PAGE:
Tuesday, July 20, 2010

Twitter also seems to have an interesting property: the limited message size lends itself to informality so people are less concerned, and indeed, less able to be 'self-important' and so will post about their own work and opinions more than in other mediums. For example, imagine you're working with someone who makes a point of telling you every time they have an article published or read something they found useful. You'd probably get pissed off with them pretty quickly. But for some people, I would like to know this information. Sophie Scott (on Twitter as @sophiescott) is a good example of this. She's a professor of neuropsychology at UCL who studies speech and language - an area I'm by no means an expert in. When Sophie Scott thinks a new study is important, I'd like to know that. Twitter is the internet equivalent of making these announcements by writing them on post-it notes on your office door. We all know people who have expertise we value - whether that includes neuroscience, football or new music, and I want to read their post-it notes, but without breaching social etiquette and hassling people. Like all communication technology, it's useful primarily because it addresses a social issue.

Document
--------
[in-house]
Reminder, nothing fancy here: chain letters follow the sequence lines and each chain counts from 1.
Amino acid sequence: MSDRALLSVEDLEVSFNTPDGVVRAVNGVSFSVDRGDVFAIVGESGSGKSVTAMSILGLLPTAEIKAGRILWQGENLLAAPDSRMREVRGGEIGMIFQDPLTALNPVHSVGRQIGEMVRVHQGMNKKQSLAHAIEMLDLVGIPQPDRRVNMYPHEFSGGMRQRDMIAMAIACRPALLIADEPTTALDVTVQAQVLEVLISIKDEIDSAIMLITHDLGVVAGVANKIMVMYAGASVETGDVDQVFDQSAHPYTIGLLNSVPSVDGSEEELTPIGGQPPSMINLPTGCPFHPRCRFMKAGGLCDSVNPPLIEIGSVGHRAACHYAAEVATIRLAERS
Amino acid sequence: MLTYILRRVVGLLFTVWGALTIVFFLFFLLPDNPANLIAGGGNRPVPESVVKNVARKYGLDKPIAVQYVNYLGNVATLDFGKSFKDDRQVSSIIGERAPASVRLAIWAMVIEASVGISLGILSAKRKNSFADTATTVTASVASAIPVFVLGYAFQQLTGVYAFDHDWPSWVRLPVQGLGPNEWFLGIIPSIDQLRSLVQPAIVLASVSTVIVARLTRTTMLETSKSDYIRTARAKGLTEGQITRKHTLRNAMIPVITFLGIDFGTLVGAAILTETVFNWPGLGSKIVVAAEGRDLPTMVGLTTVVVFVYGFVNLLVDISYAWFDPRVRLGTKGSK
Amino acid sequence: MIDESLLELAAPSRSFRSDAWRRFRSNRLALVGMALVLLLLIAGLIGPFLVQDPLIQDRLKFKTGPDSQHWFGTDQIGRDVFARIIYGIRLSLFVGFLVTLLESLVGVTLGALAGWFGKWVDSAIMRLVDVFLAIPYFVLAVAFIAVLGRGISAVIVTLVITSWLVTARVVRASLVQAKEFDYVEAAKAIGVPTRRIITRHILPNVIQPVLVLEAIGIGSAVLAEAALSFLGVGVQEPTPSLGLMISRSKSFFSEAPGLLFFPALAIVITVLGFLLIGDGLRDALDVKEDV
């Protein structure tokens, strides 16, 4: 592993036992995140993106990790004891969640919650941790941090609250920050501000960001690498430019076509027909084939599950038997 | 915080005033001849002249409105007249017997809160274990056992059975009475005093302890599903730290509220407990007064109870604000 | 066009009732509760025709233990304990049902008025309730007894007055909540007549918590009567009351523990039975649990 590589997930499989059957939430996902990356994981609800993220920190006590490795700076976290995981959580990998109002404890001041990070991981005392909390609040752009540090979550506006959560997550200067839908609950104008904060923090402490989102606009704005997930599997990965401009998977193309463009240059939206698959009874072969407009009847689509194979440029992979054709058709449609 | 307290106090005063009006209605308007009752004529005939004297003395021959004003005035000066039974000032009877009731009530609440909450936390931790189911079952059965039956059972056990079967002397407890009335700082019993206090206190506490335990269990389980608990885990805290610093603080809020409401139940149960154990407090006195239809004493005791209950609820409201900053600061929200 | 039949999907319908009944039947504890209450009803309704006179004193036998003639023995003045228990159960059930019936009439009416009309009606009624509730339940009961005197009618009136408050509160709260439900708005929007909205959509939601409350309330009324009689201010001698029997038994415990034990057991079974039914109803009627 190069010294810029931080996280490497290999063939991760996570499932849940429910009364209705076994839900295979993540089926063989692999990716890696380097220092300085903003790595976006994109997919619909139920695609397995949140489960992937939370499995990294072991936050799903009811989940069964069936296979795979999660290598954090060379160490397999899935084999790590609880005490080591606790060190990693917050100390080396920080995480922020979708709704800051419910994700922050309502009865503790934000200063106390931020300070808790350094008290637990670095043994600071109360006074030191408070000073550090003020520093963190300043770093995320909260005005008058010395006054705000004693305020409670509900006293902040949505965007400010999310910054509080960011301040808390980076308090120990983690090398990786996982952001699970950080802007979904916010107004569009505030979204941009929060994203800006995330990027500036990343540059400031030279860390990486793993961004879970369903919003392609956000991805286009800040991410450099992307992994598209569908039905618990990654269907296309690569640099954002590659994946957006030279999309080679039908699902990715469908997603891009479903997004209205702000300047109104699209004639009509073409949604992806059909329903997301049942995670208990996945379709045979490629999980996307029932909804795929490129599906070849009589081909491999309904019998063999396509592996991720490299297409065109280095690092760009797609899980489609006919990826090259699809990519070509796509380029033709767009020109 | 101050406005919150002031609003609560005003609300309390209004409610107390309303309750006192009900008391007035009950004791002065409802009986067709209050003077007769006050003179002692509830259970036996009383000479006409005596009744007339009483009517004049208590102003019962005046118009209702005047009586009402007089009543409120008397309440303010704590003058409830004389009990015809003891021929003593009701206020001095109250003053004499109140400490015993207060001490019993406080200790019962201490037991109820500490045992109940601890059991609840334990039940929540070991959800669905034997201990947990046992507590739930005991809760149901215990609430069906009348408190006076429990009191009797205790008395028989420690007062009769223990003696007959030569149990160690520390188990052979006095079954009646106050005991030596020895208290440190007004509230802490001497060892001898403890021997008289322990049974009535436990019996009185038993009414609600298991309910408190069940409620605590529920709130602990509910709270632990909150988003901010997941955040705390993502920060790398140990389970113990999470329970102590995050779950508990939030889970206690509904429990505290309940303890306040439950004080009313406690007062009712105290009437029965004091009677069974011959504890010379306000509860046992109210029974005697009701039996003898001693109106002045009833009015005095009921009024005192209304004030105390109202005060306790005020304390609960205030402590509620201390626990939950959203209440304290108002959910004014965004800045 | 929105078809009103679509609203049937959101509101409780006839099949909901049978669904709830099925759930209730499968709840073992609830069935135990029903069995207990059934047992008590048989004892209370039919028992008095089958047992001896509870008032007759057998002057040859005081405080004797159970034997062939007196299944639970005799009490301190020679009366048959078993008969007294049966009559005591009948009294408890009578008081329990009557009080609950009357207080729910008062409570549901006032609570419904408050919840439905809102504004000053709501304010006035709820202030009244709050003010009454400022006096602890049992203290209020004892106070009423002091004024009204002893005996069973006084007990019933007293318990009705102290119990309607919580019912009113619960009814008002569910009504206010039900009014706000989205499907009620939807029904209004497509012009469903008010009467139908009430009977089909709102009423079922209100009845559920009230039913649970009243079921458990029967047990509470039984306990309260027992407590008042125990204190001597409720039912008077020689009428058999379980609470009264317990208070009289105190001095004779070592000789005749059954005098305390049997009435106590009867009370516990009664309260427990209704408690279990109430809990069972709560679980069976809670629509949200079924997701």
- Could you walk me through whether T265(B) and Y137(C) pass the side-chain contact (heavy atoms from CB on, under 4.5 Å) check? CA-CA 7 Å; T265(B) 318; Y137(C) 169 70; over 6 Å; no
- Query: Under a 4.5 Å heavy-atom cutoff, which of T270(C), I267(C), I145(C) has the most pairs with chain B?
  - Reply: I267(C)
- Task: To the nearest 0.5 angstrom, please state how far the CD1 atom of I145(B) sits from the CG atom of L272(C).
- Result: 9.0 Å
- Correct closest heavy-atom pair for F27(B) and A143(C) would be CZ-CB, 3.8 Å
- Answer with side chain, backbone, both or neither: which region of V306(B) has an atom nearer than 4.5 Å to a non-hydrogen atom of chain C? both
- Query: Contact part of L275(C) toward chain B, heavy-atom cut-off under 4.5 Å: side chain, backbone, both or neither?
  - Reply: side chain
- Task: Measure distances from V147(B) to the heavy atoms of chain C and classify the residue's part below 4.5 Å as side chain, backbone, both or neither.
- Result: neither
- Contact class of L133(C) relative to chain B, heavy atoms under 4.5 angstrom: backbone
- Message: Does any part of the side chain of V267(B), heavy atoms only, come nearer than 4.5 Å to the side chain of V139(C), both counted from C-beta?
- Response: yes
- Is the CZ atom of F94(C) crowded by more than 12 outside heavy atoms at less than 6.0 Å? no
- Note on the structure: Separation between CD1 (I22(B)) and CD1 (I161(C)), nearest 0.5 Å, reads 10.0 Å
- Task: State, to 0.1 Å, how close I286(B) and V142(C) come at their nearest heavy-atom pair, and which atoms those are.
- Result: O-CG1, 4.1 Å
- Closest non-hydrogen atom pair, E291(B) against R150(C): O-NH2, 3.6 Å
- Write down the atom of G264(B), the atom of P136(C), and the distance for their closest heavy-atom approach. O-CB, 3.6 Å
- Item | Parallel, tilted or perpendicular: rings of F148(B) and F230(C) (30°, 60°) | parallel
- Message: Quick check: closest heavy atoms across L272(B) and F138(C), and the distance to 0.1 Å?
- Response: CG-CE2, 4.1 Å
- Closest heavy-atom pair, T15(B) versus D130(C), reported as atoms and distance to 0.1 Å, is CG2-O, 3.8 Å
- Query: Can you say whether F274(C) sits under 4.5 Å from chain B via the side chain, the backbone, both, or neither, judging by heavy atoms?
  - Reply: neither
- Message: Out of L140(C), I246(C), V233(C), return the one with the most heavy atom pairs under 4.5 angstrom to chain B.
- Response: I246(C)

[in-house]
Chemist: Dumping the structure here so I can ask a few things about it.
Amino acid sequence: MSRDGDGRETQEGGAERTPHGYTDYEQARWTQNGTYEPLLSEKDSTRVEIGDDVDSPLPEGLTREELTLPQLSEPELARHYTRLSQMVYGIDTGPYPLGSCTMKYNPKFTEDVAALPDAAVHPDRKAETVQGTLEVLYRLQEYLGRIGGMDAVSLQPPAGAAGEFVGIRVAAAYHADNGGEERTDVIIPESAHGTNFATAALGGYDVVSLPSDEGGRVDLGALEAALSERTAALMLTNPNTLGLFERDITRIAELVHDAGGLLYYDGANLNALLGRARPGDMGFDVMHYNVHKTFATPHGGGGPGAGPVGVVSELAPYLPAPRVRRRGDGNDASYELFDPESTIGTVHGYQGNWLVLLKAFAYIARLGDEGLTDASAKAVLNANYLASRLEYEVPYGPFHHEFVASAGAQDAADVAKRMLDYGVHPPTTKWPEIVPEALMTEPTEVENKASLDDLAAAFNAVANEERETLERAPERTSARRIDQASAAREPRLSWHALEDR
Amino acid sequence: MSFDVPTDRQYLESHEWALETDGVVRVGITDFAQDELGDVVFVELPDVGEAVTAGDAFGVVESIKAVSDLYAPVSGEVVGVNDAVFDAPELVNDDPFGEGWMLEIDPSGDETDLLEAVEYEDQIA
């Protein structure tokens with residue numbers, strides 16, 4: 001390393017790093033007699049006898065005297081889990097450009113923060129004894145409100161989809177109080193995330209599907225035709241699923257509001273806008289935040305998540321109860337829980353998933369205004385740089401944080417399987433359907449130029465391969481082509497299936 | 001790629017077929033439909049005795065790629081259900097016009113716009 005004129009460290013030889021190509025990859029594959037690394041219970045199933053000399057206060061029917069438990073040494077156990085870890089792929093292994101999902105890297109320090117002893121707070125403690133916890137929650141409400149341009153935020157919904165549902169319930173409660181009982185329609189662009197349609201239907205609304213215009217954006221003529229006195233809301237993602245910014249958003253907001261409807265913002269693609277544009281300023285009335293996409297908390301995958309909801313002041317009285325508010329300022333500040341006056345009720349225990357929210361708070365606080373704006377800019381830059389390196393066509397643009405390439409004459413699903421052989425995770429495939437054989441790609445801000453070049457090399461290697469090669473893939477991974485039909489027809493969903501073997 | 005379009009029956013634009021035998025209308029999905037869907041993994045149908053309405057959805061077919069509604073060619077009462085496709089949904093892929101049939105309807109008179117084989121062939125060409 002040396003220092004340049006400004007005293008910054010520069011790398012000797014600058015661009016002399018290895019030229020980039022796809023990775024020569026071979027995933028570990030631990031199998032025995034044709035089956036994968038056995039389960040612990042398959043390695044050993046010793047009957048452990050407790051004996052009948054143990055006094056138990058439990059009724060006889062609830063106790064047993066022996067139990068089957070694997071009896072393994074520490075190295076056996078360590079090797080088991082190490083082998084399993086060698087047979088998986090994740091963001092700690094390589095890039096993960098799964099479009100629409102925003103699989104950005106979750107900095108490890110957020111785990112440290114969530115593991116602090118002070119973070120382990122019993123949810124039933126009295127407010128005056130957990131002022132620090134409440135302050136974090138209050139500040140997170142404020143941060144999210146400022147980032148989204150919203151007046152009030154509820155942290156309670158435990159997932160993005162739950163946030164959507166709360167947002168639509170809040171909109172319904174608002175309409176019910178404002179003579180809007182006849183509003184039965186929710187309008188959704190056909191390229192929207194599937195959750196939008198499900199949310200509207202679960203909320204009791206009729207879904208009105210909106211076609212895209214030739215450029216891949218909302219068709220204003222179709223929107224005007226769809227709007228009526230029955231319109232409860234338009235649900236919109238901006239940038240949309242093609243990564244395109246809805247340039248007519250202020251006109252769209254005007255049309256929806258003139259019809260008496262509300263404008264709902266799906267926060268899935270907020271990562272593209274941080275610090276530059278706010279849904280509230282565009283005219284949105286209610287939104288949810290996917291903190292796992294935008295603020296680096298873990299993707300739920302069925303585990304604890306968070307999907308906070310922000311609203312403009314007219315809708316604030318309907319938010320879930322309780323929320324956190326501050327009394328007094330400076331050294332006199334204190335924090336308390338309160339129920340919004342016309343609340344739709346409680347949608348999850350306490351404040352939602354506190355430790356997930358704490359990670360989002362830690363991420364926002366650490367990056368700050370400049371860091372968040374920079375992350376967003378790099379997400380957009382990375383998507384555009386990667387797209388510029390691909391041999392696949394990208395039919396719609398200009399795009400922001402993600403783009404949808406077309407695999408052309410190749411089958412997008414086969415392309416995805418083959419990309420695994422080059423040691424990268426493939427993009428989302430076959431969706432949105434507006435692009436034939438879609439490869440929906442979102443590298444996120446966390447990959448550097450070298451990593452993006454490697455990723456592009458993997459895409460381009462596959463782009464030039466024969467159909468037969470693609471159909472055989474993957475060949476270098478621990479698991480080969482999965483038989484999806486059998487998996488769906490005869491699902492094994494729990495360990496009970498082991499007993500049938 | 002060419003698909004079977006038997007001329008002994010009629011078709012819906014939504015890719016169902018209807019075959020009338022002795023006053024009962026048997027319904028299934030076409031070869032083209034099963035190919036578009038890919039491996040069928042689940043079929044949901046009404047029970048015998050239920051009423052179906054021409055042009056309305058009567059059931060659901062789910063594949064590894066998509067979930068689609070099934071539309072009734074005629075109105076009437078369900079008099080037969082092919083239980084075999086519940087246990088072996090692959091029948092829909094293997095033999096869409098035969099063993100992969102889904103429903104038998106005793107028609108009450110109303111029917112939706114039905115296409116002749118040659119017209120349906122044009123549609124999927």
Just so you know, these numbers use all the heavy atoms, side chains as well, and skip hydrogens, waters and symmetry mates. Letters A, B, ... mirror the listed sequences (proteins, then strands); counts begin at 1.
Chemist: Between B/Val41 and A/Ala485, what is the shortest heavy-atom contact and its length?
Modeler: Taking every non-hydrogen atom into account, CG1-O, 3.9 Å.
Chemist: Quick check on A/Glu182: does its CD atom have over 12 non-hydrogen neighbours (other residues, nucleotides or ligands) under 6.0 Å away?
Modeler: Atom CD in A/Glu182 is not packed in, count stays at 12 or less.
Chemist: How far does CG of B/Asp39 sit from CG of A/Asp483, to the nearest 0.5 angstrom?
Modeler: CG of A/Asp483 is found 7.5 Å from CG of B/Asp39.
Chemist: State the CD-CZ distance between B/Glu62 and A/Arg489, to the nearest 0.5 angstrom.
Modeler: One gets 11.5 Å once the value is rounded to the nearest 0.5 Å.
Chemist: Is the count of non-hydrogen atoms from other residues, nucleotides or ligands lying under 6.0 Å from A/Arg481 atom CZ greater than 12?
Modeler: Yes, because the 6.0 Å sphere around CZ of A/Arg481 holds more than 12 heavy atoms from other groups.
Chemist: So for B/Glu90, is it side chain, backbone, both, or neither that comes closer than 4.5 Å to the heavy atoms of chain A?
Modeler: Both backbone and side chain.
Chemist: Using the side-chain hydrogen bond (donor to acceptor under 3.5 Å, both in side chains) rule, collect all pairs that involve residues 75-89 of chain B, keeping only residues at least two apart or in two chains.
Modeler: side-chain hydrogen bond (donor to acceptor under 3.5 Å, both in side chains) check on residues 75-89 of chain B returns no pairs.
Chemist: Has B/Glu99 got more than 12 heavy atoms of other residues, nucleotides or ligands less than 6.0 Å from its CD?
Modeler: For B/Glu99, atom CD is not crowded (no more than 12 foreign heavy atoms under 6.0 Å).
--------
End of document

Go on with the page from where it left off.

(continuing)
Vaughan Bell of Mind Hacks

(I have a Twitter account. I have Followers. Je ne tweet jamais.)

1 comment:

Rebecca said...

Moi non plus, je ne tweet jamais (but I have followers and I should like to follow Sophie Scott).